Commission turns down permit change

The Kauai County Planning Commission yesterday denied a request from a property owner to amend county permits to build a multi-million dollar home closer to the beach by YMCA’s Camp Naue in Haena.

Property owner Joseph Brescia contended he was legally allowed to build two parts of his home between 20 and 31 feet inland from the shoreline, and proposed to build the rest behind a 40-foot setback.

Brescia and his attorneys and Kauai attorney Harold Bronstein, North Shore Ohana and North Shore resident Caren Diamond were involved in a contested case hearing held at the Lihue Civic Center.

The intervenors argued a county planning commission’s approval of a Special Management Area Use permit in 1983 prescribed a protective open zone of between 40 to 75 feet mauka of the shoreline to protect the environment and views.

The dispute focused on efforts by Brescia to make the best use of a small, pie-shaped lot versus efforts by the intervenors and the county calling on Brescia to comply with county rules for the larger protective zone.

As a compromise, Brescia’s legal representatives, Kauai attorney Walton Hong and Honolulu attorney A. Bernard Bays, proposed a 40-foot setback, but it was rejected by the commission.

Commissioner Lawrence Chaffin Jr. was the only commissioner who supported Brescia’s proposal.

He said three other homes that were developed by the one Brescia had hoped to build have less restrictive setbacks. Those homes have setbacks of 35, 40 and 45 feet.

Hong said it was very likely Brescia’s case will go to civil court if his client’s request was denied.

Brescia had sought an amendment to the conditions of the Special Management Area Use permit and a subdivision matter approved by a planning commission in 1983 for a 15-lot subdivision, which includes two lots owned by Brescia.

Commissioner Randal Nishimura said he voted against Brescia’s proposal partly because he agreed with a commission decision in 1983 that “referenced” a setback of 40 to 75 feet for the subdivision.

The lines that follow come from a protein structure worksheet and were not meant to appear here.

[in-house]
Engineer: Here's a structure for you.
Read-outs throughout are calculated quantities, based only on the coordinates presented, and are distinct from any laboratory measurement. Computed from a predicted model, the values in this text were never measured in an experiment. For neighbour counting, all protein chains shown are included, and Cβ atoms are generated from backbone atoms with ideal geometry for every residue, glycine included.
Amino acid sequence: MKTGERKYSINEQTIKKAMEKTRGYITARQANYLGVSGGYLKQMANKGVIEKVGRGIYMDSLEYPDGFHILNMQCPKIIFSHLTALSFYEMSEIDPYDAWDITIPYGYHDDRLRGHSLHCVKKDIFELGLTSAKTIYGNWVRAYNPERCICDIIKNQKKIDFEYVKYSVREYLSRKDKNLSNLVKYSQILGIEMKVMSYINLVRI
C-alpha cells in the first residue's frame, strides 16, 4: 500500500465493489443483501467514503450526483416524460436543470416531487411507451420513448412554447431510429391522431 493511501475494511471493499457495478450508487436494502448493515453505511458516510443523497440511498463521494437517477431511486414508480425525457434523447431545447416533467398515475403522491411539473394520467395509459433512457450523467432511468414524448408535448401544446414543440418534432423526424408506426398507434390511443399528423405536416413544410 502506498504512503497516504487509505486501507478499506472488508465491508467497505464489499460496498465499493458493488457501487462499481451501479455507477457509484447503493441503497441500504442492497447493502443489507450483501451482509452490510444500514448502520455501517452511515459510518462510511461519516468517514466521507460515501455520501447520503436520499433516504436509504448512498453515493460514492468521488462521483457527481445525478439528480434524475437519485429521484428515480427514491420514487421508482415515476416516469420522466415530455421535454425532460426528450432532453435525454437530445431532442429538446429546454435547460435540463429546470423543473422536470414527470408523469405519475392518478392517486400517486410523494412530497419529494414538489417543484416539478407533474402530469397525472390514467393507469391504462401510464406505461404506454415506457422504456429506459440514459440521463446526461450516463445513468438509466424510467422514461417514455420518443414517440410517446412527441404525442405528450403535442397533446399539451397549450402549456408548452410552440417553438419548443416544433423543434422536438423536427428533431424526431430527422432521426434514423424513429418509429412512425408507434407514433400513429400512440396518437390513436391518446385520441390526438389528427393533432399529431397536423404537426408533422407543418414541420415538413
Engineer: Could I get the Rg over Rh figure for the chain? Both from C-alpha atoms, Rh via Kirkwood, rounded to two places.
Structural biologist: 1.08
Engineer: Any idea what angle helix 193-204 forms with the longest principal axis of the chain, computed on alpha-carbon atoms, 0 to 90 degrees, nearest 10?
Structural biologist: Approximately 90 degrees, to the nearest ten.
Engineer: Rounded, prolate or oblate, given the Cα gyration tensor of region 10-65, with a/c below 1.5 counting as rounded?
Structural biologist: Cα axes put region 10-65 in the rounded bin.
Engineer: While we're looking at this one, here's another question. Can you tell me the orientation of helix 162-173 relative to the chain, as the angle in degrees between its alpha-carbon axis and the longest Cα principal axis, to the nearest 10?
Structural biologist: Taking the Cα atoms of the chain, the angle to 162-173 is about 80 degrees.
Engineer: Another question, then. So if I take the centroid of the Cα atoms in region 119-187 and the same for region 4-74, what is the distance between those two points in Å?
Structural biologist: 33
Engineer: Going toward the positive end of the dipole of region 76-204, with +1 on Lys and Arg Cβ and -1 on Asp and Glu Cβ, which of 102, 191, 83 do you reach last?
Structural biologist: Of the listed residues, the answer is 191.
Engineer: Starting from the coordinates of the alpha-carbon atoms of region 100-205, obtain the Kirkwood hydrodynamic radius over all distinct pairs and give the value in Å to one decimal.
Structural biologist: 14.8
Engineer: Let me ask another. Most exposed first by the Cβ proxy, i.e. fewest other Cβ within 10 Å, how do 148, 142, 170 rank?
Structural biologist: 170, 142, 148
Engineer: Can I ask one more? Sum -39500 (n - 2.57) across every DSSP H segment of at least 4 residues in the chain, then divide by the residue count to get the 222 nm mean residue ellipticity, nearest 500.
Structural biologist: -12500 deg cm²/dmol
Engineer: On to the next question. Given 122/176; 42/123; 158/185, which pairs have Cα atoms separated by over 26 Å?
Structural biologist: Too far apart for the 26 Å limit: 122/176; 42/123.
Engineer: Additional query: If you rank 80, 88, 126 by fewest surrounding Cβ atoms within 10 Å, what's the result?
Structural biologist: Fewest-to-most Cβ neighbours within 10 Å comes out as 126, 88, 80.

Voting against Brescia’s proposal, commission chairwoman Sandi Kato-Klutke said she has taken her children to the Haena beach and would like to bring her grandchildren to the beach one day without having to worry about intrusive homes or the loss of beach access.

Commissioner Theodore Daligdig III said past commissions approved the larger setbacks to protect views and the environment, and that he was inclined to do the same.

“I can’t help but go in that direction, but I know it will be challenged (in court),” Daligdig said.

Commissioner Mike Cockett said he saw both sides of the issue, agreeing with Hong that Brescia would face many development obstacles for his pie-shaped lot without the amendment of the SMA.

But Cockett said denial of Brescia’s proposal would protect the beach for use by future generations, and prevent huge homes from dominating the coastline. “It is fair to people of Kauai,” Cockett said.

He said that while the decision may seem unfair to Brescia, the developer “is a grown-up” and “Let the buyer beware.”

Councilman Jay Furfaro, a former planing commissioner who voted on permits for another home by Brescia’s proposed project, said he was concerned about protecting the rural nature of the area and the size of the homes and their placement on lots.

In arguing against granting Brescia’s proposal, Bronstein noted: